• They really only stand out because by contrast the Ork "ships" are salvaged junkers called Space Hulks held together by garbage and good feelings, while the human ships are basically city-sized space-faring cathedrals that avert the look due being thousands of years old, most of it spent fighting space demons.
      • Necron ships...don't shine, exactly, but have very clean lines.
    • Tau ships aren't shiny, per se, but along with the rest of their tech they have a clean, brightly-coloured aesthetic to them. note 
  • In Traveller one option is to give your ship a coating that allows you display screensavers on the hull. Thus your ship can be as shiny as you want. This can also be done on interior bulkheads too, though naturally that would be more for crews quarters, wardrooms, etc, then for the hold. On the other hand maintenance and cleaning are as constant a job as they would be in Real Life. Traveller averts the assumption that Big Damn Heroes are immune to mundane considerations.

    Video Games 
  • In the X-Universe series, the advanced races all use shiny space ships. Paranid Empire capital ships and escort craft have blueish hulls polished to a sheen, Boron craft have iridescent green Living Ship-esque hulls, and United Space Command capital ships are such a brilliant white that they become blinding in sectors with bright stars. In contrast, the utilitarian Teladi Company uses a wide variety of off-grey and beige boxes hastily slapped together using technology bought from other races.
  • The Covenant ships in Halo, which tend to be a shiny shade of purple. In contrast, human ships are dull and generally follow the Standard Human Spaceship aesthetic, though their post-war ships are moving towards this trope as well.
  • In EVE Online, Amarrian and (to lesser extent) Gallentean design is all about this. The Minmatar and (to less extent) the Caldari opt for Used Future.
    • The Amarrian legion, in all its forms, will even reflect the environment around it.
  • In Tachyon: The Fringe, GalSpan ships all shiny with smooth lines and exotic shapes and are also colored with white and blue paint. They are shown to be less sturdy than their Bora counterparts, which are converted cargo haulers and look accordingly. Star Patrol Enforcer fighters are also white and blue, although their design is radically different from most fighters in the game.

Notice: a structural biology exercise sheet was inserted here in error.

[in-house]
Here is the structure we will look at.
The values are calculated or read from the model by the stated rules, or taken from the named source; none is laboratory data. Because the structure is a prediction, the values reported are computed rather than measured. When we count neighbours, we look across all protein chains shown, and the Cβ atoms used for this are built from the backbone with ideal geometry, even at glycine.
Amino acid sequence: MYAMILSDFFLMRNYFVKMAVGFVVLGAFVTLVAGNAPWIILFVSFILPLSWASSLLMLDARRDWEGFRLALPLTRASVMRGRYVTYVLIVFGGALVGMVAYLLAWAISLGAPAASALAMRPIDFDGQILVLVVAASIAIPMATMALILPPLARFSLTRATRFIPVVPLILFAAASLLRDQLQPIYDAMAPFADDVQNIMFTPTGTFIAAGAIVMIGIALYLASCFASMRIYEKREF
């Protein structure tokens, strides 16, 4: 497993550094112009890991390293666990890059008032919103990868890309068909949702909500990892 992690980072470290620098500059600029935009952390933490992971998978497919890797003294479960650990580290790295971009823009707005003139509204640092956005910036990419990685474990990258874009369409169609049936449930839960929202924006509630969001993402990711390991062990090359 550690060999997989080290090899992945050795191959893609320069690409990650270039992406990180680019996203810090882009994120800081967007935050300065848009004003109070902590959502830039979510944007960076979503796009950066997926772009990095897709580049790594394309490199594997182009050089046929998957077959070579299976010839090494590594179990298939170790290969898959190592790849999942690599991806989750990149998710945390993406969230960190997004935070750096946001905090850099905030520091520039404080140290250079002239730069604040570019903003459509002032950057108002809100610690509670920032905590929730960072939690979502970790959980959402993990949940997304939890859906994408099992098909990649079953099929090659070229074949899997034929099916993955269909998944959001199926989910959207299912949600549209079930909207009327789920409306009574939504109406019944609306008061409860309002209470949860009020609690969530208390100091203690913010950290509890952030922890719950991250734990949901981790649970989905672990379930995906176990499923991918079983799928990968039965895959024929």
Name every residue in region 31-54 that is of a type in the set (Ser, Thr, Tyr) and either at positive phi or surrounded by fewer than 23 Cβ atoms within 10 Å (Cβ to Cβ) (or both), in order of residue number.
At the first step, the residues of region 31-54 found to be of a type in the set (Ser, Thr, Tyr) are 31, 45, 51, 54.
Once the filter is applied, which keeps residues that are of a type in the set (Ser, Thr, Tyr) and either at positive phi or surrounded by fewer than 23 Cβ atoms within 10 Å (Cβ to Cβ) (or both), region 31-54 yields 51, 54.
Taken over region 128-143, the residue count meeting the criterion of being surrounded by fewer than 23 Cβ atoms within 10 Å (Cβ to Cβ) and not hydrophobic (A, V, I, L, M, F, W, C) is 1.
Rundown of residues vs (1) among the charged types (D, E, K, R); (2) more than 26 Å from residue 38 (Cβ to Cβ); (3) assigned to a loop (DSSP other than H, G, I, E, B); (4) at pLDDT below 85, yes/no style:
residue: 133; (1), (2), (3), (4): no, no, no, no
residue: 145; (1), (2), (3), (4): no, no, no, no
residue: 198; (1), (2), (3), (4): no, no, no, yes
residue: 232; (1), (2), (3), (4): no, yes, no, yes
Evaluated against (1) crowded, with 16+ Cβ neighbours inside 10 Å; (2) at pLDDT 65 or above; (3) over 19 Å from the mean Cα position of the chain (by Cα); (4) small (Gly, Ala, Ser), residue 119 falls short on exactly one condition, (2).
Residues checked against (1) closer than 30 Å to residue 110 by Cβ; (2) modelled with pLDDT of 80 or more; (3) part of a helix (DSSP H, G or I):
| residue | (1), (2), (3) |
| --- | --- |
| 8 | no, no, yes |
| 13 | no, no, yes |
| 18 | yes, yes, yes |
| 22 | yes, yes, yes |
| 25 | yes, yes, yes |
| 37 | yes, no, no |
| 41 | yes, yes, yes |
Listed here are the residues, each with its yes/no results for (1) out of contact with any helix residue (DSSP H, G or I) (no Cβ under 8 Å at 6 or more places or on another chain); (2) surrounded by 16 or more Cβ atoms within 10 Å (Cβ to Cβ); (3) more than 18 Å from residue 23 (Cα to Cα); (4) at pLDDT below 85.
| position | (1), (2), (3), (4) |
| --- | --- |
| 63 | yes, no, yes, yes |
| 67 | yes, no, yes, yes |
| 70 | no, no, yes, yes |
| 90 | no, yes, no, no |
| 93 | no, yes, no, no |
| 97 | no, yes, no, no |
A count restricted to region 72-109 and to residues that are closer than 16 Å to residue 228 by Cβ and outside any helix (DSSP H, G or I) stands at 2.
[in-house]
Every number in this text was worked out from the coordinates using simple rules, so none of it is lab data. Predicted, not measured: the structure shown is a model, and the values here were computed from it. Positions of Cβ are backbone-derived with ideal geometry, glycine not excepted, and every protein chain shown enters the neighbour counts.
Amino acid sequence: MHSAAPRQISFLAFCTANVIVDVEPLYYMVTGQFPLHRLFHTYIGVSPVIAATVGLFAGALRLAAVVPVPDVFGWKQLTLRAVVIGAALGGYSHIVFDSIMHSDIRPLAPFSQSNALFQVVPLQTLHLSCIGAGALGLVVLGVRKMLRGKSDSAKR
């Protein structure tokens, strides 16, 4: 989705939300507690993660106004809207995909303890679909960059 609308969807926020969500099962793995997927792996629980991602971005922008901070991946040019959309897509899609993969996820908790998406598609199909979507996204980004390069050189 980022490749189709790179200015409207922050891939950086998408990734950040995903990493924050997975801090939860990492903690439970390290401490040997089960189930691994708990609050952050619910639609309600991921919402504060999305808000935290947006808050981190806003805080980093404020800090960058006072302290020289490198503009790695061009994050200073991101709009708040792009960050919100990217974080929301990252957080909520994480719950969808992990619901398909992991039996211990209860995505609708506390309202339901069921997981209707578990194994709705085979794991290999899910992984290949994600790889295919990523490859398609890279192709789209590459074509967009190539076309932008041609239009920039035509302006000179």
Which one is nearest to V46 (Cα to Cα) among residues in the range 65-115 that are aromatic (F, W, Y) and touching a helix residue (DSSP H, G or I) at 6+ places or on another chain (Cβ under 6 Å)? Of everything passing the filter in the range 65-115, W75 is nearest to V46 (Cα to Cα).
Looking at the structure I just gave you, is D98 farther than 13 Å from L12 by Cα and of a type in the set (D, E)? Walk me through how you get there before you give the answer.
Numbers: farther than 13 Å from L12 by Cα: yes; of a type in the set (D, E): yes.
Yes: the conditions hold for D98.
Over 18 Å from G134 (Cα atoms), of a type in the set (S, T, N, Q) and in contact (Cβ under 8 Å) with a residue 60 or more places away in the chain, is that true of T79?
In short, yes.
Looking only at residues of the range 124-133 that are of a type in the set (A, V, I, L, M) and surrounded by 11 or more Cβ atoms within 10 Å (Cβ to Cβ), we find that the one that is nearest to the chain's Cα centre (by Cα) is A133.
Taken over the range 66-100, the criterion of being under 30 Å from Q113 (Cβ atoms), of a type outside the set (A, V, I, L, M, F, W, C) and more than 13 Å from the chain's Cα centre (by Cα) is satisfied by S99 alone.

• In keeping with the clean, futuristic aesthetic of Mass Effect, there are many ship designs that are shiny, spotless and strangely lacking in right angles. Most of these belong to the asari or the geth.
    • The Normandy SR-2 from the second game is probably the best example from the series — strangely enough, this was supposed to make Cerberus appear cold and clinical when compared to the original. Little hard to grasp when the first ship was both dimly lit and suffered from a terrible combination of colours. Dark blue interior with bright yellow computer displays? Most of the crew probably had chronic migraine headaches from the eye strain.
    • And true to form, it seems that the Alliance removed a few lightbulbs when they performed their refit of the SR-2. Of course, they might have intended to replace them, but were unable to do so as the refit was halfway completed when the Reapers invasion hit Earth, leaving much of the ship's interior strewn with exposed cables, conduits, open panels, crates stuffed into every corner, and tarps covering unfinished areas. A few digs are made at Cerberus's ship design as being Awesome, but Impractical as well, indicating that Cerberus spent more time making the ship look good than they did making sure the design made sense.
  • The pulp fiction stylings of Red Alert 3: Paradox demanded this. Soviet spacecraft are even chromed against radiation.
  • The Thul ships in Darkstar One. Since they want to prove that they are better than the other races (especially the Terrans, who they were descended from) in every way, it's natural that they make their ships look much better than all of the rest.
  • In StarCraft the Protoss all have bright and shiny space ships that have gold-like paint jobs and shields surrounding them.
  • In Sins of a Solar Empire the Advent has shiny ships. TEC is more ISO Standard Human Spaceship even though most vessels are repurposed civillian commercial and industrial vessels. Vasari designs are more alien-like in design but could fit somewhere between both tropes.
  • Endless Space the alien Sophons and the human Pilgrims both share sleek, white and shiny ships. While the United Empire has the Standard Human Spaceship design. The Cravers also possess spindly and blocky ships, while the Horatio which compose entirely of human clones have sleek and almost alien like designs.
  • The ships built by The Empire in Elite Dangerous are all about shiny spacecraft. Everything they fly is painted a brilliant, shiny white.
  • The Lanius spacecraft in FTL: Faster Than Light have silver-coloured hulls, sharp wings and are adorned with blue external lights, standing out from blockier, more utilitarian spaceships of other races (especially the Engi). Quite surprising given that the Lanius' hat is scavenging whatever scrap other civilisations leave behind.